If you can suspend your disbelief that a cute 22 year-old had the power to succeed with civil rights where Martin Luther King and President Kennedy failed, The Help actually has a lot to offer.
    • 61 Metascore
    • 50 Critic Score
    The movie achieves the kind of rhythm of an opera, alternating between arias of animated poetry and the recitative of normal speech.
  49. A 2½-hour art film that is something of a well-intentioned mess.
  50. The realism is honorable, the acting is exemplary, and all do good work, but life among the unlucky and disenfranchised who exist without hope is not a subject that will put a glow in your heart or a smile on your face. Be forewarned: The depression is inescapable.
    • 61 Metascore
    • 50 Critic Score
    While the movie may not, in the end, be so effective in tapping into our current class anxieties, that hardly seems to matter. Like a trip to Elysium, it’s a wild ride.
  51. Despite a plot trajectory that changes so often they seem to be making it up as they go along, everyone on and off the screen seems to be doing it by the numbers.
  52. Except for the admirable testosterone on display that represents hours in the gym instead of the acting class, the rest of Magic Mike XXL is seriously stupid.
  53. A stupid waste of time and talent, but it might be just what his (Damon) fans are waiting for.
  54. Disappointingly tedious, On My Way is a contrived vehicle for Gallic icon Catherine Deneuve. At 70, she’s still the embodiment of placid ripeness we know and love, but the movie has little substance.
  55. I expected more from a movie about the most feared man in America for half a century. Whatever else you think about him, in retrospect, he had balls of brass - an essential quality replaced in J. Edgar by dull indifference.
  56. Directed with a pulsating fervor by Neil Burger, Limitless is absurd but entertaining action-adventure escapism. Bradley Cooper is versatile and virile, and a valiant leading man.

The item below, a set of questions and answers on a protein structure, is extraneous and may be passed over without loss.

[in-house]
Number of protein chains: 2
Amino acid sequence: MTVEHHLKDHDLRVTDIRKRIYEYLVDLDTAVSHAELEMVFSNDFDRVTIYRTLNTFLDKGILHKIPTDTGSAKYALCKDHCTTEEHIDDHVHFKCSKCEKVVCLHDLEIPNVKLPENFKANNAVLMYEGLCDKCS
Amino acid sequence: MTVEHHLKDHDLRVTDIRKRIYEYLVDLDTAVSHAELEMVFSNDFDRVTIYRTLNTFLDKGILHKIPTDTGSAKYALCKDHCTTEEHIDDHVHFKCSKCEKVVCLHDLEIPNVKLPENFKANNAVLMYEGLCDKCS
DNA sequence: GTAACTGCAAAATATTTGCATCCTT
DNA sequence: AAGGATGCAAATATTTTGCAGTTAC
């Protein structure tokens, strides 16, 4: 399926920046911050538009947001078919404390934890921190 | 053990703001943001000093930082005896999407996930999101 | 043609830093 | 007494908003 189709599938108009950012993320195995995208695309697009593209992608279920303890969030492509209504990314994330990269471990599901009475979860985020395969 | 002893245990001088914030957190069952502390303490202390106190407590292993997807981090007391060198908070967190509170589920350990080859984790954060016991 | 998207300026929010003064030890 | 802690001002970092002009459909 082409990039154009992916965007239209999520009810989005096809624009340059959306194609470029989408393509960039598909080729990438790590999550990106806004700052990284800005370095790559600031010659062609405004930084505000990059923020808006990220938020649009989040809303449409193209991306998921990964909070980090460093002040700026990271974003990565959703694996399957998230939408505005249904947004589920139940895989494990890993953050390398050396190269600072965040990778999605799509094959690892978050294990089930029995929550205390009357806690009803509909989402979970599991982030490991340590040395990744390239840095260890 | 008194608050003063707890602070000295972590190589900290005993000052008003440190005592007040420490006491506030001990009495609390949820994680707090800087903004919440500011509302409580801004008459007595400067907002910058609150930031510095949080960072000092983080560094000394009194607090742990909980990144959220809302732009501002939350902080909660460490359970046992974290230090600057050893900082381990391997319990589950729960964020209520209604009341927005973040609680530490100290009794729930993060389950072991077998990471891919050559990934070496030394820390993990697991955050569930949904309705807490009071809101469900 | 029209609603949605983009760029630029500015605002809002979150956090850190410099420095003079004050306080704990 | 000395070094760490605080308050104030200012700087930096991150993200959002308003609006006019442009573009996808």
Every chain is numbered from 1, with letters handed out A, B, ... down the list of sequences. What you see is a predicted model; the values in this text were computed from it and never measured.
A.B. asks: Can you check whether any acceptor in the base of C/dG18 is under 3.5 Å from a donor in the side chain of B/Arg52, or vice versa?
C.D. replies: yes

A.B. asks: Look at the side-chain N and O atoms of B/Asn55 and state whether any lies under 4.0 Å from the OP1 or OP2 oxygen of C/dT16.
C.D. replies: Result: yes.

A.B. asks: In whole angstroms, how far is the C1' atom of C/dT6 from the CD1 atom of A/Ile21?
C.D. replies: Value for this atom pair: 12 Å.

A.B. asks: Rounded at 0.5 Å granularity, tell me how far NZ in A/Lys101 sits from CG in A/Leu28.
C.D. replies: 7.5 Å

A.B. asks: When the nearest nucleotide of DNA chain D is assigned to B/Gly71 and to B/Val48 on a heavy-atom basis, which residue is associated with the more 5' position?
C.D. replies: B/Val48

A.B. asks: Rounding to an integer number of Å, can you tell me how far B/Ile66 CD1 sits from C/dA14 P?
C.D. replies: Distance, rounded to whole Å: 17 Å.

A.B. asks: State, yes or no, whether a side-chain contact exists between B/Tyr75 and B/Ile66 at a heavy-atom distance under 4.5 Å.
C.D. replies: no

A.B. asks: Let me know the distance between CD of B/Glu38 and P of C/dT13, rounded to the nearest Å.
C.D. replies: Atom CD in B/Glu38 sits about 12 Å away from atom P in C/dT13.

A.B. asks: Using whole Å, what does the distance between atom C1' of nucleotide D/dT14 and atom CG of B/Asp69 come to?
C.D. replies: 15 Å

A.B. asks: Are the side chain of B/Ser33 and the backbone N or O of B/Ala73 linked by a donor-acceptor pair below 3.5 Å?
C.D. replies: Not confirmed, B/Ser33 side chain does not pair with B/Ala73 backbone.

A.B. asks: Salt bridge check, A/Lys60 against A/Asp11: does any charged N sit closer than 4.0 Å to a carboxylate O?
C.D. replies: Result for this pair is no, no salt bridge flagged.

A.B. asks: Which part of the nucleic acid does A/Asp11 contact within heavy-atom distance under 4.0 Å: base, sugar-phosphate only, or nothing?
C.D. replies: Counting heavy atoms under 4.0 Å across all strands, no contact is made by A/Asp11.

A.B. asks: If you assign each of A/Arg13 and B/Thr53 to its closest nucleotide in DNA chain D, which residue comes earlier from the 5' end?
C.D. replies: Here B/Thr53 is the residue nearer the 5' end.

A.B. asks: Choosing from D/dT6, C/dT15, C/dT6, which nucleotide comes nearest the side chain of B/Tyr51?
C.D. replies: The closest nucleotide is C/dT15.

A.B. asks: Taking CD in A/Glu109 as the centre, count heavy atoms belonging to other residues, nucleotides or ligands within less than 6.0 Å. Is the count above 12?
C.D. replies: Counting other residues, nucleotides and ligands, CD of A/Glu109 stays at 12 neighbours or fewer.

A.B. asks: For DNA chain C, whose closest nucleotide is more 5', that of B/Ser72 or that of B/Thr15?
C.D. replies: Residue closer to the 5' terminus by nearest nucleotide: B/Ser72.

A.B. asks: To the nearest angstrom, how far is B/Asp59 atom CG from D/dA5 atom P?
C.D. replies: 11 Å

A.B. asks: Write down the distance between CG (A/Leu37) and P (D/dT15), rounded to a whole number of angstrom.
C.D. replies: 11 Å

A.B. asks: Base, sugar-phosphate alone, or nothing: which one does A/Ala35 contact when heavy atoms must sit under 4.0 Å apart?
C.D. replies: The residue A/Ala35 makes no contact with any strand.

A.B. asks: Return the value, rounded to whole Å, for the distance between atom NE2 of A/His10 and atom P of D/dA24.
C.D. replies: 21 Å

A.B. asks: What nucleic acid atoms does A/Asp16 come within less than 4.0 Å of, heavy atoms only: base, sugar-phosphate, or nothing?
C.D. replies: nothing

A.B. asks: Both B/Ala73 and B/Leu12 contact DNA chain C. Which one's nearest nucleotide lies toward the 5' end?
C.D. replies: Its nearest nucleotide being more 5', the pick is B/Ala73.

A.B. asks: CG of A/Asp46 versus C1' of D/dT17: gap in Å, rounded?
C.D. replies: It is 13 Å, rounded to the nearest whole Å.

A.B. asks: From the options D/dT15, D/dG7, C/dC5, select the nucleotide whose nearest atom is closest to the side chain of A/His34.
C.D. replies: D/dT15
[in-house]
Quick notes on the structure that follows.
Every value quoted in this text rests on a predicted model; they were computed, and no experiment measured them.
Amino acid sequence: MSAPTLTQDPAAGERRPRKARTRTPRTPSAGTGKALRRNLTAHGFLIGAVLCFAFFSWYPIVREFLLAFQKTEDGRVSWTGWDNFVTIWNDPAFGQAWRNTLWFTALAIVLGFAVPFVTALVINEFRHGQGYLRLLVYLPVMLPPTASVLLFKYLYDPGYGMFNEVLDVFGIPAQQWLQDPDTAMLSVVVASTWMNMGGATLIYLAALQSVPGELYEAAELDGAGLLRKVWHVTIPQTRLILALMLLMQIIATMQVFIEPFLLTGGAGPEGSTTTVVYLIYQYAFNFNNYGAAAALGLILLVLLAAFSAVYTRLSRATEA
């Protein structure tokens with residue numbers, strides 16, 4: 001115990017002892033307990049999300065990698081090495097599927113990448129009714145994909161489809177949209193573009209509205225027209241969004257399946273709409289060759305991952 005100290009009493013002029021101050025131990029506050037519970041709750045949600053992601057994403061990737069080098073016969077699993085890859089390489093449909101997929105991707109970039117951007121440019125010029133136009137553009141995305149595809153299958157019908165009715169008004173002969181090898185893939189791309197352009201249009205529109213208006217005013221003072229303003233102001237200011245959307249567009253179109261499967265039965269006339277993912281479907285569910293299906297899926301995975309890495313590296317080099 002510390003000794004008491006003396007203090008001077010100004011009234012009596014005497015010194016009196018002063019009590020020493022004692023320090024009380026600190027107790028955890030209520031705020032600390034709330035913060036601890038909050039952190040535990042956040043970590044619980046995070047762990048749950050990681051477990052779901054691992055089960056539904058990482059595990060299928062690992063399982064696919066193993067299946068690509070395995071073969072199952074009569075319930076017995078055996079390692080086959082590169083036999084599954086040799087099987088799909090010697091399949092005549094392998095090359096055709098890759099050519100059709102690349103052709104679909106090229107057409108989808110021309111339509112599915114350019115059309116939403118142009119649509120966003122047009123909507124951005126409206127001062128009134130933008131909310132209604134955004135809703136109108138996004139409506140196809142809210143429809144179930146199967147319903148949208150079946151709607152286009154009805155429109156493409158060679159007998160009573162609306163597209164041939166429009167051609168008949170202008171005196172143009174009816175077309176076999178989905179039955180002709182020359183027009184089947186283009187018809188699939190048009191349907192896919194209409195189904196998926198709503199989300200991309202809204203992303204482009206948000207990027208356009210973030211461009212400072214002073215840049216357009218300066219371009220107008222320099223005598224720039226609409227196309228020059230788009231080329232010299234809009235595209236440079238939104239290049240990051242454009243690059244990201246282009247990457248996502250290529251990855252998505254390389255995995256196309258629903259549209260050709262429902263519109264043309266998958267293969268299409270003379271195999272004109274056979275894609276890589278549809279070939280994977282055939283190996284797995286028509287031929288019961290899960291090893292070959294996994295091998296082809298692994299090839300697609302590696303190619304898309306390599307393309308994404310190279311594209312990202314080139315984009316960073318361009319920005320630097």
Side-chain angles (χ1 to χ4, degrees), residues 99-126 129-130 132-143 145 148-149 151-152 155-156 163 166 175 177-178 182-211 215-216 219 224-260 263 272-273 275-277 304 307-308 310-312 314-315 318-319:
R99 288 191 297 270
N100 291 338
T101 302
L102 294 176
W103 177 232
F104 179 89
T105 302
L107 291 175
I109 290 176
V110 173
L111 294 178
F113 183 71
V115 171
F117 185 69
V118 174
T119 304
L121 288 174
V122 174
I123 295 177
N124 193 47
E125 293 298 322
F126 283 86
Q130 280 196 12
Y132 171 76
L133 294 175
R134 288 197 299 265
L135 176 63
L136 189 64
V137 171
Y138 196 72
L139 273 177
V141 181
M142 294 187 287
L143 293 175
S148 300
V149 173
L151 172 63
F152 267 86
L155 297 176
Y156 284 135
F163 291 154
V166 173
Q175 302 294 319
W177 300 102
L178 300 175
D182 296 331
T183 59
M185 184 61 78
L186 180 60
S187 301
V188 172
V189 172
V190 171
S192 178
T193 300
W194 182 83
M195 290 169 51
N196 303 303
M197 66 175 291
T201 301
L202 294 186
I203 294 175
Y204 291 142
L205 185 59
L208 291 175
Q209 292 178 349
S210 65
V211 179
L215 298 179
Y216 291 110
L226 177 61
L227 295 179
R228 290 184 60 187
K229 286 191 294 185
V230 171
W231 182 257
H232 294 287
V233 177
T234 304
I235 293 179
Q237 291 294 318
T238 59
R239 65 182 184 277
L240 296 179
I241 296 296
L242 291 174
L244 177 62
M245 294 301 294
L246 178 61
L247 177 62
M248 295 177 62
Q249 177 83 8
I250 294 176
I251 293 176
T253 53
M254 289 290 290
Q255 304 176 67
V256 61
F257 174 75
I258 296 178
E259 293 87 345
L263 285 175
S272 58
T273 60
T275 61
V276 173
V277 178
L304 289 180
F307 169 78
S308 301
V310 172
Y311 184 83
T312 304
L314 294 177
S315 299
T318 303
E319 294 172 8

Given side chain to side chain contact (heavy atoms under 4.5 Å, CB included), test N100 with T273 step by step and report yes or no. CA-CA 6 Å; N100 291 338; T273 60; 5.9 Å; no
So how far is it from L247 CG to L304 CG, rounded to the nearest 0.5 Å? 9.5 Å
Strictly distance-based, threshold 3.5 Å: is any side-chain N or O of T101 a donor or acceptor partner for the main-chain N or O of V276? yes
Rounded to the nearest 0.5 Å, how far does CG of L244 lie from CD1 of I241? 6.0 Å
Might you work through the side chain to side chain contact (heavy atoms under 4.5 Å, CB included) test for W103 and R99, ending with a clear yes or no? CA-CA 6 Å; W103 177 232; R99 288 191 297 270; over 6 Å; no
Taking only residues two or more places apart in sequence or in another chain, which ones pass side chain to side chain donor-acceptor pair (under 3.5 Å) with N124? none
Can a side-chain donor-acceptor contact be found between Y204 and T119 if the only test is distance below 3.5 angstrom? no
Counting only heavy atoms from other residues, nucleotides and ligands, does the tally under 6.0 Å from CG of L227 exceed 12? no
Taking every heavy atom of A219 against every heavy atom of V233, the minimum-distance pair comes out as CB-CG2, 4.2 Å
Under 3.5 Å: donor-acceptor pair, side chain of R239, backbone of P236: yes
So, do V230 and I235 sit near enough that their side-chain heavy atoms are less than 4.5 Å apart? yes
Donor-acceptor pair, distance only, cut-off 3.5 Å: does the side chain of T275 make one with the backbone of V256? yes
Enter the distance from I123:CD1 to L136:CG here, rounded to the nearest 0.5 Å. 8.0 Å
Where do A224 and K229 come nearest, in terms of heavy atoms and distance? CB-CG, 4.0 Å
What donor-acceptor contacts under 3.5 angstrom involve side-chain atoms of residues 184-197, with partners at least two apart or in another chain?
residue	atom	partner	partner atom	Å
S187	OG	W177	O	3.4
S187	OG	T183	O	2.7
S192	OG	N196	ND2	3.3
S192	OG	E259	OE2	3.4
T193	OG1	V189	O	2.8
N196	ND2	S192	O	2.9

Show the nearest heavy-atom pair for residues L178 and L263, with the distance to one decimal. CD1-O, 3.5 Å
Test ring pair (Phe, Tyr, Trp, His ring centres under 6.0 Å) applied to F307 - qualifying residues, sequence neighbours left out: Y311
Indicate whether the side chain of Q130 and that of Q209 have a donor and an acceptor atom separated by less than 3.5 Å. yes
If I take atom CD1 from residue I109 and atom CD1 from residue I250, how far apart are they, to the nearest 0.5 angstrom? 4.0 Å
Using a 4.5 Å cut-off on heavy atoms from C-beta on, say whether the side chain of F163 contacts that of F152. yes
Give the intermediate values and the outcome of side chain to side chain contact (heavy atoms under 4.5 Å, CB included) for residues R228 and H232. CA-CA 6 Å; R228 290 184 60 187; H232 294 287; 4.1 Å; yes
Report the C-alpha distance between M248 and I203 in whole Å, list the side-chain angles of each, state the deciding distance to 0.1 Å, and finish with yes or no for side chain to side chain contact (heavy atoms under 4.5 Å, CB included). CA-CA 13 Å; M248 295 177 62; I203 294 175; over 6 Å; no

57. A movie only a hedge fund manager could love.
  58. As agreeable as she is to watch, the disappointing thing I feel is that she plays everything the same way. For a film about one person that reveals so little about the subject, 94 minutes is longer than it sounds. My advice is to wait for the DVD. This is definitely a movie to watch with a remote control.
  59. In the often illustrious career oeuvre of Clint Eastwood, Trouble with the Curve is a minor entry, a cinematic footnote.
  60. Danny Collins is nothing to write home about, but it kept me entertained without too much guilt, and I didn’t wince. By today’s American movie standards, that’s becoming very high praise indeed.
  61. Don’t be misled by the title Leaves of Grass. Do not expect literacy, either. This stoner comedy has nothing whatsoever to do with Walt Whitman or poetry of any kind.
  62. Rambling, well-shot but inconsequential curio.
  63. It stars Woody Allen, but it still drags along like an oyster trying to walk.
  64. A well-meaning but desultory descent into darkness based on a memoir of the same name by Amy-Jo Albany, daughter of Joe Albany, the great jazz pianist who died in 1988 at age 63. The book, published in 2003, was subtitled Junk, Jazz and Other Fairy Tales From Childhood, and that just about covers it.
  65. A middling attempt to peek through a lace curtain for a glimpse of the other Upstairs/Downstairs staff members only leads to too many distracting social functions that fail to relieve the film's otherwise solemn pacing.
  66. Trading in her red locks for kohl-lined eyes like a raccoon and the vampire look of Rooney Mara in The Girl with the Dragon Tattoo, [Chastain] is the spookiest thing in Mama. Everything else is cable television.
  67. I'm sure there is much to be learned from Forks Over Knives (the title means fruits and veggies can be forked, but anything you cut with a knife is lethal), but what does it have to do with real life?
  68. By my rough calculation, the real Jack Ryan should be approximately 103. Preposterous but moderately engaging, Jack Ryan has outlived his welcome, and there’s no end in sight.
  69. As good as Citizen Gangster is, it would be even better if you could understand the dialogue.
  70. In a footnote to history that is still too close for comfort, he’s the real meaning of paradise lost.
  71. There are some lovely and moving things here, but over the long haul it’s more like watching an hour and a half of someone’s weekend trip to Knott’s Berry Farm.
  72. The situations in Little Accidents cry out for more clarity than the script delivers, but the carefully observed performances are worth perusal, and the dark, industrialized joylessness of Rachel Morrison’s cinematography is a somber mirror to the sad dead-end life of Appalachia.